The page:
It's Springtime! Springtime brings a lot of things: Warmer weather, more sun, a return to lawn care, leaves on the trees, blooming wildflowers . . .
Compared to my hometown (Cheyenne, Wyoming), the wind here is nothing (except during a hurricane). However, being a man broad of shoulders (and waistline) and creating enough rolling resistance for Lance Armstrong and three-quarters, I am the bicycling equivalent of a semi-truck or RV. It only takes a little wind to slow me down (further).
It seems like every ride I've taken in the last couple of months has provided me with the opportunity to learn to deal with the wind. And, since my bride and I have picked several breezy locales as possible retirement locales, I need be able to deal with the wind if I intend to keep riding into my senior years.
I don't remember where I read the interview, or who was being interviewed, but I remember that it was a rider who was a big-time cross-country (mountain bike) and cyclocross racer. He advised novices to familiarize themselves with their gearing and become proficient and frequent, small changes in gearing. His rationale was that maintaining consistent cadence and perceived exertion would save energy in the long run as opposed to hammering uphill and coasting downhill.
We don't have many hills to speak of in the Houston area, but I think the same principles can apply to dealing with wind and road conditions.
For me, that's only half of the equation, though.
The other half is personal comfort. I've made some changes to my trusty steed that help in this regard:
- I got rid of the gel saddle cover. I have a Brooks B-17 to put on, but the rails don't fit my clamp exactly, and I haven't been inclined to do anything about that, yet. However, riding on the "naked" saddle (with padded shorts) has been more comfortable, and I think that I'm finally able to sit in the saddle for a couple of hours without a break.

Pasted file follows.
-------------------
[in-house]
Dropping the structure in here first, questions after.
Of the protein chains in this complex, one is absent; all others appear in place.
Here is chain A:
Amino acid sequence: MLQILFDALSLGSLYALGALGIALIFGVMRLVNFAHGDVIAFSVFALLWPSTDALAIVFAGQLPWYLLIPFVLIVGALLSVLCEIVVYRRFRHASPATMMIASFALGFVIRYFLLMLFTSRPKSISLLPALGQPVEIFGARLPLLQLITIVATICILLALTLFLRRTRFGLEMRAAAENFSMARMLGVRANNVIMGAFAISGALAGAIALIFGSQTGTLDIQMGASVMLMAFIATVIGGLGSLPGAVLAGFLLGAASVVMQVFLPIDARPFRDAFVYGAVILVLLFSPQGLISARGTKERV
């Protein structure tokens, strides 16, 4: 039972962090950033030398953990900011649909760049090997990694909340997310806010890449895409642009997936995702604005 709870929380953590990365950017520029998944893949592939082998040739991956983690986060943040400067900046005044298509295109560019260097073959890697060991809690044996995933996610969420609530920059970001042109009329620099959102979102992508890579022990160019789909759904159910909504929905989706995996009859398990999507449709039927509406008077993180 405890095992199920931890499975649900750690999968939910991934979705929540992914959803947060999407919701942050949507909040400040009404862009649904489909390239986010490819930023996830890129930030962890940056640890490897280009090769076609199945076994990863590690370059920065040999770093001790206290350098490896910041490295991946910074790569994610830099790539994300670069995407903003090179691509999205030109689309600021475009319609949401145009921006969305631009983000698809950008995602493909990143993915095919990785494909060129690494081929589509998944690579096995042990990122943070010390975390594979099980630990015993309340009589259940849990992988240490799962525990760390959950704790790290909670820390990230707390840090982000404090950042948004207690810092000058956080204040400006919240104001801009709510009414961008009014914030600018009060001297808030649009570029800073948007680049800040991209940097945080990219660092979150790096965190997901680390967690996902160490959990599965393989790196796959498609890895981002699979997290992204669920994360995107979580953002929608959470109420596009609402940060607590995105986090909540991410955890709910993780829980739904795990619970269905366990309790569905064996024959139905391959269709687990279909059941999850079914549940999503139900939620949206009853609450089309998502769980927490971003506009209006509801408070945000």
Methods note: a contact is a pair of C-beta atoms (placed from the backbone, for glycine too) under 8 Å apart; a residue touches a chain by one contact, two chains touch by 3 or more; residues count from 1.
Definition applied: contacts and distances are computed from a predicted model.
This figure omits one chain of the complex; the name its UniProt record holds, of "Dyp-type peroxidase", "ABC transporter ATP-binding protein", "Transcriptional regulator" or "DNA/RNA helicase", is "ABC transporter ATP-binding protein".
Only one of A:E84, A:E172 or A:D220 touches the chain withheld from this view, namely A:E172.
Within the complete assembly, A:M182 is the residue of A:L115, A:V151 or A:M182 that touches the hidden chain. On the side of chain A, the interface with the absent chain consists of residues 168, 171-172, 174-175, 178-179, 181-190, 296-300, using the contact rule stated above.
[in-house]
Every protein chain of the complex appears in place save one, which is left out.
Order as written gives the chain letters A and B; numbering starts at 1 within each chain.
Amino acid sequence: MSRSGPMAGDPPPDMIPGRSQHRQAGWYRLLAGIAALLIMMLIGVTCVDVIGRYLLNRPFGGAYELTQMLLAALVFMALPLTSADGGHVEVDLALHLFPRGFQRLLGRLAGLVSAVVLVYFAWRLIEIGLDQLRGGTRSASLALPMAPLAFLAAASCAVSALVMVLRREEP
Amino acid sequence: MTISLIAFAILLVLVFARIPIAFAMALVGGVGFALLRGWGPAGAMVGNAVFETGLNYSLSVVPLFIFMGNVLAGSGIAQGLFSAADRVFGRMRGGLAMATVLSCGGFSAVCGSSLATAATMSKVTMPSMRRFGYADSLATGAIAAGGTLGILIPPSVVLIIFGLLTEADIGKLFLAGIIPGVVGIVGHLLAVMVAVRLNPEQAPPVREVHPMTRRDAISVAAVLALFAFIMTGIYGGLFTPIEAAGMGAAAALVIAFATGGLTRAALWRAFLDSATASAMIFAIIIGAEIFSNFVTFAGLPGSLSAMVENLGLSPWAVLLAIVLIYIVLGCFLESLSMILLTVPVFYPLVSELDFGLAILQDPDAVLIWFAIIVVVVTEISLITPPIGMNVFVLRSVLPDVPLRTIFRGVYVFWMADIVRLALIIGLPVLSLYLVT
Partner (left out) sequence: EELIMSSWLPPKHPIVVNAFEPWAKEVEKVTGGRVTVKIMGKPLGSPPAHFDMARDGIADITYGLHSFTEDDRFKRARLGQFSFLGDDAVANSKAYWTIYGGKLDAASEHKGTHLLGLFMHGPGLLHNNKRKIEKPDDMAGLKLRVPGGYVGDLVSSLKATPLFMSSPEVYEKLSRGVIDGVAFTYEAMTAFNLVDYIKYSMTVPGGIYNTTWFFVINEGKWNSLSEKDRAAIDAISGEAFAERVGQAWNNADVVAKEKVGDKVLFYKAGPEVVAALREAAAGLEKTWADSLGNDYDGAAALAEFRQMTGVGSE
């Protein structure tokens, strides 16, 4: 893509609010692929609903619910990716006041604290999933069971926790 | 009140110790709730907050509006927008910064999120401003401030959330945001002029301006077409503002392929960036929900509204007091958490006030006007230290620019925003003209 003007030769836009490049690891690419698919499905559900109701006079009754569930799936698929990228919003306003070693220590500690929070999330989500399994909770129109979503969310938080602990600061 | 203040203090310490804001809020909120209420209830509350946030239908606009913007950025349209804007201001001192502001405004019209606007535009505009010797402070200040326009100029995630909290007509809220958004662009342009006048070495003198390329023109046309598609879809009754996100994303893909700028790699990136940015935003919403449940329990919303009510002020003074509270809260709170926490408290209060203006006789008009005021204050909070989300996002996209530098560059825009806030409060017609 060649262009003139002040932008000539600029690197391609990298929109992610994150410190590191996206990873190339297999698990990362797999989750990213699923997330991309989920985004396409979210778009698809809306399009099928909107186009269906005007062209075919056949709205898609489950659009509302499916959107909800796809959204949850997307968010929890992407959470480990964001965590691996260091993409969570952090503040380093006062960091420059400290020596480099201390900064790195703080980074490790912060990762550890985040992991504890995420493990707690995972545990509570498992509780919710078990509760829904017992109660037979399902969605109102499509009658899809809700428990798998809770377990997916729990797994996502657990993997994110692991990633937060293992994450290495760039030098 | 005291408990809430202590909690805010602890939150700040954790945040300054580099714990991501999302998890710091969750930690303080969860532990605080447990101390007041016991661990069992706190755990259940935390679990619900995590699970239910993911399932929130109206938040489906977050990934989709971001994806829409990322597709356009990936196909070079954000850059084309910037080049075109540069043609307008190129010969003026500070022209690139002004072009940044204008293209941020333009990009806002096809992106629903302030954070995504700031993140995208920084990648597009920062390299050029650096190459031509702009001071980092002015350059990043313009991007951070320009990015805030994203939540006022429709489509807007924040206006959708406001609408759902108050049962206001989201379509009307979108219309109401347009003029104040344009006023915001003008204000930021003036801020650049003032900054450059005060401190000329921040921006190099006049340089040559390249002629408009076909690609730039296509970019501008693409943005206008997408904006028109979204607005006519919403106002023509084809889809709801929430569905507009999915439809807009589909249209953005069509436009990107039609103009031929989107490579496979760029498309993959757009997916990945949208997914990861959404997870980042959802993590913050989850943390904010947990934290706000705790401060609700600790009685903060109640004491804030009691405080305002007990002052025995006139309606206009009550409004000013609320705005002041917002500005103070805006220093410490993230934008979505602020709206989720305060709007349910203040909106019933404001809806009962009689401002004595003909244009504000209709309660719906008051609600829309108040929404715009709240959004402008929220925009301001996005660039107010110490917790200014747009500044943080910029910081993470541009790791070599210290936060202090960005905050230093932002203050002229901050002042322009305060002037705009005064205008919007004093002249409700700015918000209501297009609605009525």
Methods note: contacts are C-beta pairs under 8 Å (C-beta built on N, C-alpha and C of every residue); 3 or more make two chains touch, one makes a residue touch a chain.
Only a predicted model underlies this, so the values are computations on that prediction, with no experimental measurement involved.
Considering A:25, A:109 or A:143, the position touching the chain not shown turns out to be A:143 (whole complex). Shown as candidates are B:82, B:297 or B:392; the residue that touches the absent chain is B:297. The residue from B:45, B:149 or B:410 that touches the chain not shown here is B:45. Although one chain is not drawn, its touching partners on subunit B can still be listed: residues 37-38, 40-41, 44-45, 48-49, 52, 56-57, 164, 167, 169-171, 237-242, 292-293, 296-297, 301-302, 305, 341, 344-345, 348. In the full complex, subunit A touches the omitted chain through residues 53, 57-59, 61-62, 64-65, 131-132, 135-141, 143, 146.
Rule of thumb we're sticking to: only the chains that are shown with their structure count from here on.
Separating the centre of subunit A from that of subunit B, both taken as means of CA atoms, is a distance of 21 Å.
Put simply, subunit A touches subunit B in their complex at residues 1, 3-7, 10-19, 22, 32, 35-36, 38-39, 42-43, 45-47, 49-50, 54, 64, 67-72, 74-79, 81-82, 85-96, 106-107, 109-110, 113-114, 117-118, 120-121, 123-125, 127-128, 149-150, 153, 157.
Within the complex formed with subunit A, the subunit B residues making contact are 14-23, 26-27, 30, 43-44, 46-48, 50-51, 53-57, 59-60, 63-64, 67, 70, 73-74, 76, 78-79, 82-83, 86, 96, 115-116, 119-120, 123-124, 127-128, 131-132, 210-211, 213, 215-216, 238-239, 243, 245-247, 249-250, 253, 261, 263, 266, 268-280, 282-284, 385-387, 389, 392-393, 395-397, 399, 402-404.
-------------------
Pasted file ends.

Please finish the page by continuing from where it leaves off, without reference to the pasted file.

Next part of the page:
- I did replace my handlebar grips with Ergon grips. The Ergons distribute the pressure across more of the hand so I don't pinch the ulnar nerves in both hands like I did previously. Handlebar discomfort doesn't go away immediately, but it does get reduced significantly.
- I haven't figured out a pedal solution that will make those more comfortable for long rides. But, I'm a lot more comfortable with the pedals than I used to be, so I'm in no hurry to work on this one.
Since I didn't have to take coasting breaks with my butt in the air (trust me, you don't want to see that), or shake out hands and feet to get blood flowing, I was able to maintain a consistent cadence. I used the whole range of gears on my middle chainring, so my speed varied a good deal. However, I felt great at the end of the ride, and I'm up for clearing the jungle that is currently my backyard this afternoon (without a nap, even)!
I need to start taking a camera with me. The Bluebonnets are so-so, but there were some red flowers that looked awesome. If they're Indian Paintbrush, they're the biggest ones I've ever seen . . .